Organizing Preconception Care for Women Suffering from Chronic Diseases: Patients' View on the Role of General Practitioners: A Qualitative Study [post]

Laura Admiraal, Marit Schonewille, Mireina Eugenia, Lydia Schonewille, Annemarie Mulders, Ageeth Rosman
2021 unpublished
Background: Women suffering from chronic diseases should preferably receive specialized individual preconception care (PCC) by an obstetrician before becoming pregnant. For most chronic diseases it is important that the disease is in remission or under control before conception, aiming for optimal pregnancy outcome. Especially, amongst other considerations, medication use should be monitored for toxicity before starting a pregnancy. Specific case findings followed by a referral to an
more » ... n for specialized individual PCC by a general practitioner (GP) could be a solution to improve the uptake of PCC. The aim of this study was to explore patients' views on PCC organized by general practitioners (GP) for women suffering from a chronic disease.Methods: We recruited participants via a public Facebook message. We asked women suffering from a chronic medical condition, aged 18-42 years, living in the Netherlands and planning to become pregnant to contact the researcher by a personal message. Once contacted, women received additional information about the aim of the study. After reading the study information, women were asked for participation and a digital informed consent was sent. Thereafter, an appointment for a semi-structured interview by telephone, the study intervention, was made. The interviews were audio-taped, transcribed verbatim and member checked. The transcripts were coded and analysed on facilitators and barriers for preconception care by GP's, using NVivo 10.Results: 45 women replied to the public Facebook message. All women were contacted by the researcher. Finally, 23 women consented to participate in a semi-structured interview by telephone. This resulted in a heterogeneous study population. The participants indicated a range of facilitators and barriers for organizing PCC via the GP. The GP was viewed to be trustworthy, to have knowledge about their medical history and to have a coordinating role but limited knowledge about pregnancy. Patients preferred a referral from the GP to an obstetrician to have a face-to-face preconception consultation together with their medical specialist. Conclusions: According to women suffering from a chronic disease, PCC is ideally given by an obstetrician and medical specialist in a face-to-face consultation whereby the GP has a coordinating role.Trial registration: not applicable.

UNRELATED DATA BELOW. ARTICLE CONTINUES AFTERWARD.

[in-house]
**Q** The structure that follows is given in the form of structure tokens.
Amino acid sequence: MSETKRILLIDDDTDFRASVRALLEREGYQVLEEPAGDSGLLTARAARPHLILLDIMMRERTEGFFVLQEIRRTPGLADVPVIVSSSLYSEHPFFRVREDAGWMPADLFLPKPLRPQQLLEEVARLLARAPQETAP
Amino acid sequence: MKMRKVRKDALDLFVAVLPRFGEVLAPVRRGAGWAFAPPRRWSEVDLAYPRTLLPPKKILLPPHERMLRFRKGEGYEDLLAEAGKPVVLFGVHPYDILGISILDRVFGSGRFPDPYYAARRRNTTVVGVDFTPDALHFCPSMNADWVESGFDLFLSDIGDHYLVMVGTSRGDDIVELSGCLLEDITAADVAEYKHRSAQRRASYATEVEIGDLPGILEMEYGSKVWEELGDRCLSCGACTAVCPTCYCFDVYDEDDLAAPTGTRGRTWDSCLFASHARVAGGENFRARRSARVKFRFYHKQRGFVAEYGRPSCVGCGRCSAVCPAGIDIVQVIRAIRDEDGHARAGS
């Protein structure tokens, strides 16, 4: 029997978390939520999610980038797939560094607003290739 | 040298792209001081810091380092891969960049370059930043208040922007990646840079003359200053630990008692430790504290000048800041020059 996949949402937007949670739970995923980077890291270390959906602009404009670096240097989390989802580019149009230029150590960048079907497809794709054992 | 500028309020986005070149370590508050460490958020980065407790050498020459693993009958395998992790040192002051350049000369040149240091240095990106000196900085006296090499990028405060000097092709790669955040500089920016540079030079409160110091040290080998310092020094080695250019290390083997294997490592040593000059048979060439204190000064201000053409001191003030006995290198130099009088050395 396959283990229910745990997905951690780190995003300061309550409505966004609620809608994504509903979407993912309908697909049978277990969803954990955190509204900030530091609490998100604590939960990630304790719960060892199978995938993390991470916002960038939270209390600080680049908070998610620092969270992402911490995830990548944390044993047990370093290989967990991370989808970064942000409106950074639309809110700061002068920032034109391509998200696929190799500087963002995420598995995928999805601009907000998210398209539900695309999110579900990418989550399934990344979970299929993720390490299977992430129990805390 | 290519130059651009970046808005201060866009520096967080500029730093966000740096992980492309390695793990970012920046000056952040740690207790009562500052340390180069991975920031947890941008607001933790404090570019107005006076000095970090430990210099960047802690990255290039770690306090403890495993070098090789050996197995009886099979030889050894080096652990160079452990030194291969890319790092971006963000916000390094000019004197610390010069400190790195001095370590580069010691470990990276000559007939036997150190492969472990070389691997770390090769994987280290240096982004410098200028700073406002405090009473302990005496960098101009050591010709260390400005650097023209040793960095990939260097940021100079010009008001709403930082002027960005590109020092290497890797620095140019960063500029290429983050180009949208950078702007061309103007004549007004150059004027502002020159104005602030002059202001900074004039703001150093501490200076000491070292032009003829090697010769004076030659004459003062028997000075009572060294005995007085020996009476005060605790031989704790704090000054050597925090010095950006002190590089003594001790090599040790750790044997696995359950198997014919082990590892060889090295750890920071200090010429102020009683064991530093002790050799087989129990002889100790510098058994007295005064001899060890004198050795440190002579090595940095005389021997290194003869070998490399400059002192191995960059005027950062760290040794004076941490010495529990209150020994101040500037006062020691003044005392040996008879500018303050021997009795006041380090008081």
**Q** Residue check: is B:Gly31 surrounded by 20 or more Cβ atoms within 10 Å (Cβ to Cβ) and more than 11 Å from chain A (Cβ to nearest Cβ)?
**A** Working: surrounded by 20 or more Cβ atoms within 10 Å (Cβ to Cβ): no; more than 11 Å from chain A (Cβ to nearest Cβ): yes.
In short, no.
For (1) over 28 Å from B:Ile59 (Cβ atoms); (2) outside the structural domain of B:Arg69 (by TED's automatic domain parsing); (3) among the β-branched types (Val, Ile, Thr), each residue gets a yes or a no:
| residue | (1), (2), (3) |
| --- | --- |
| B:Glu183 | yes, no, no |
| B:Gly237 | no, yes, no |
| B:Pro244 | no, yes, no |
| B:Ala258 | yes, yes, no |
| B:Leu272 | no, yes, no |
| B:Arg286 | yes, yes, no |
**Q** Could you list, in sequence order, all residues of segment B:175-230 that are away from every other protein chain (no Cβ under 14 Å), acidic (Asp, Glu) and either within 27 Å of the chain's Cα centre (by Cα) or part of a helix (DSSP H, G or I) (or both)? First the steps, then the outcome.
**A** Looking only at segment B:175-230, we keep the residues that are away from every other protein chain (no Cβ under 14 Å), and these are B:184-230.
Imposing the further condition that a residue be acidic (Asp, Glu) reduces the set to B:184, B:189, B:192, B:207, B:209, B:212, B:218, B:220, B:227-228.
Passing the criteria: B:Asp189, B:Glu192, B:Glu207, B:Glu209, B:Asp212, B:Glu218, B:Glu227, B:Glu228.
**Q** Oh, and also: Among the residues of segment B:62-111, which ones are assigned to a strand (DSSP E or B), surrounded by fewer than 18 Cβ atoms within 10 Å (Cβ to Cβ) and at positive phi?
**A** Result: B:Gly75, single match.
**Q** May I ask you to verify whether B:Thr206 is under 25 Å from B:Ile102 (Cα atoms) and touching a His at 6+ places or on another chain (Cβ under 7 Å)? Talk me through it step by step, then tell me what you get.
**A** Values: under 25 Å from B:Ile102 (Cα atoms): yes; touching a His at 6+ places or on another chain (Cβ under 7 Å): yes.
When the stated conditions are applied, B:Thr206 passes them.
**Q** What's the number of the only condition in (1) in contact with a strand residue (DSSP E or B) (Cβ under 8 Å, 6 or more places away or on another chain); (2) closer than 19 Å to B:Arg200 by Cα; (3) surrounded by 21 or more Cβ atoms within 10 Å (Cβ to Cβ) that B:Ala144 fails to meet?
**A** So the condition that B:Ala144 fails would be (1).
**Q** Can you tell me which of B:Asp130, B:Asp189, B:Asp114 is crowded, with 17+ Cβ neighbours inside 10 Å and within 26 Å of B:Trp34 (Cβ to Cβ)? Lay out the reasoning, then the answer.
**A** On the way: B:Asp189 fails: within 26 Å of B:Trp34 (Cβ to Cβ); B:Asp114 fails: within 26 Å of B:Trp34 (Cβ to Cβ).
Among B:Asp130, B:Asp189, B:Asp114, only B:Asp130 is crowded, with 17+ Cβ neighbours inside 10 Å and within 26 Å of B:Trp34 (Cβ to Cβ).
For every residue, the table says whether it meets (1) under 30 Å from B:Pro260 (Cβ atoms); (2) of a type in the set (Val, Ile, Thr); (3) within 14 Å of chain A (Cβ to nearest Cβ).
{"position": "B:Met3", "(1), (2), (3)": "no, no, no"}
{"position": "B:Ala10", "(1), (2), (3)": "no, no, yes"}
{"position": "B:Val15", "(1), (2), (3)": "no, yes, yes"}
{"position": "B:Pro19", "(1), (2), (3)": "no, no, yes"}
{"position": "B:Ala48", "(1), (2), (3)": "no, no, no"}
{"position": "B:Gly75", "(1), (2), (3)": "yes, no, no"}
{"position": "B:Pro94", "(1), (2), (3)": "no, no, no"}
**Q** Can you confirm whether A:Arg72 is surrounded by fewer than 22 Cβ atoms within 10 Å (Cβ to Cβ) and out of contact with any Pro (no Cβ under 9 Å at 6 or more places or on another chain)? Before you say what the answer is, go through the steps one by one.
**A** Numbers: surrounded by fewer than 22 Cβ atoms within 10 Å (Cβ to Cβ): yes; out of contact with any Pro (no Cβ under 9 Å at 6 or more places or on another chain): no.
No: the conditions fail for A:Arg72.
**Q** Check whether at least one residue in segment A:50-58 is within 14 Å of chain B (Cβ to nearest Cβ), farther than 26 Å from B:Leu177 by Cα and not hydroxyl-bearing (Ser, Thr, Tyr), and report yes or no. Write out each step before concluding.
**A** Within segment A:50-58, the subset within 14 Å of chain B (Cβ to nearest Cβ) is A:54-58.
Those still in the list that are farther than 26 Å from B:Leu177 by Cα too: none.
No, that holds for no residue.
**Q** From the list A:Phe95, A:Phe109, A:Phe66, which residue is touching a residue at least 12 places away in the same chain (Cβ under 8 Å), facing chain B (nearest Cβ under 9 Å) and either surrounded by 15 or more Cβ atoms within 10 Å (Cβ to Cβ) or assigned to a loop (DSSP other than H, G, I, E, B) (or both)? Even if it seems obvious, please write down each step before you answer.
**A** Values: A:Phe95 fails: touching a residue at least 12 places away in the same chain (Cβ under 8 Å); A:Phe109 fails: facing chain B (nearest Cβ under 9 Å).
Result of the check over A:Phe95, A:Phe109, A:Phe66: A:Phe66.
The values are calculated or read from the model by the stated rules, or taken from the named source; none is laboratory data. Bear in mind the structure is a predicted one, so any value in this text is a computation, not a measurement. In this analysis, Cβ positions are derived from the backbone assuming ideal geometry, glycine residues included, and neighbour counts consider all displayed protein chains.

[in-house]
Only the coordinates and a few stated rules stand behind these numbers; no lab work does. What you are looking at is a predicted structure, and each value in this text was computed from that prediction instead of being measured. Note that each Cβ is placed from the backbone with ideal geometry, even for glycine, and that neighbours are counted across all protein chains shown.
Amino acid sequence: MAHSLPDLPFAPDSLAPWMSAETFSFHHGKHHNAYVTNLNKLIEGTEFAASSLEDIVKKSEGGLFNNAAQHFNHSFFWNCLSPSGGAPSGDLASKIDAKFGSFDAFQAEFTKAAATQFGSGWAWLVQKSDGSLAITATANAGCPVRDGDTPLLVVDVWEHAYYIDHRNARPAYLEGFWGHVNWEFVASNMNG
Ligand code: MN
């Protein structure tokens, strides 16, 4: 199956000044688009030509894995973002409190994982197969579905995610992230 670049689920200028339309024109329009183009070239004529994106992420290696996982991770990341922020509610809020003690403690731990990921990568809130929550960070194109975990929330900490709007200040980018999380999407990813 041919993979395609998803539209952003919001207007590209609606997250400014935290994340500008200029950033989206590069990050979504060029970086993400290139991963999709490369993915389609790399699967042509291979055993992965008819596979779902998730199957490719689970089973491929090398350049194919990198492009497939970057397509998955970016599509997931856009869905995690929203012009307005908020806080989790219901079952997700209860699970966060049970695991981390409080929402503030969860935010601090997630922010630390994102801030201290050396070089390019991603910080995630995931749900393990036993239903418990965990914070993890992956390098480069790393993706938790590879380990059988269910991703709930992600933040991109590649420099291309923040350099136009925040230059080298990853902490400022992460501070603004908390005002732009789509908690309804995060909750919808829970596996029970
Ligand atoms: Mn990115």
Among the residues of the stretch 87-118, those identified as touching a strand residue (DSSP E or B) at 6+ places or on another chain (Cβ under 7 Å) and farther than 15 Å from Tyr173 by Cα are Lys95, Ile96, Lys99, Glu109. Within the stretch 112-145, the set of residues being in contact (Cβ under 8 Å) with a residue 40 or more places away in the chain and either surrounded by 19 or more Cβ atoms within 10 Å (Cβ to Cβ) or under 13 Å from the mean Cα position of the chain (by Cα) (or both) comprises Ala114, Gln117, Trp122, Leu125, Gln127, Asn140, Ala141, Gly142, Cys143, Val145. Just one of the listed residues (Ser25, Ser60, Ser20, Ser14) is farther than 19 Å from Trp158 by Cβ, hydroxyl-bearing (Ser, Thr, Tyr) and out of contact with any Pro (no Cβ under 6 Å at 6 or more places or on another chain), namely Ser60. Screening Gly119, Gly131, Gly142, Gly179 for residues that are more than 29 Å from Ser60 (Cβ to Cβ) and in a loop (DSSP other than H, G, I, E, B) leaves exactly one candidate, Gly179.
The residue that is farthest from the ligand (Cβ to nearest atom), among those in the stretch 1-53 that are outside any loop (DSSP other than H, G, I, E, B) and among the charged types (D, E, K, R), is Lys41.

doi:10.21203/ fatcat:7af2ubdu2rgqjd65ald6wvvkku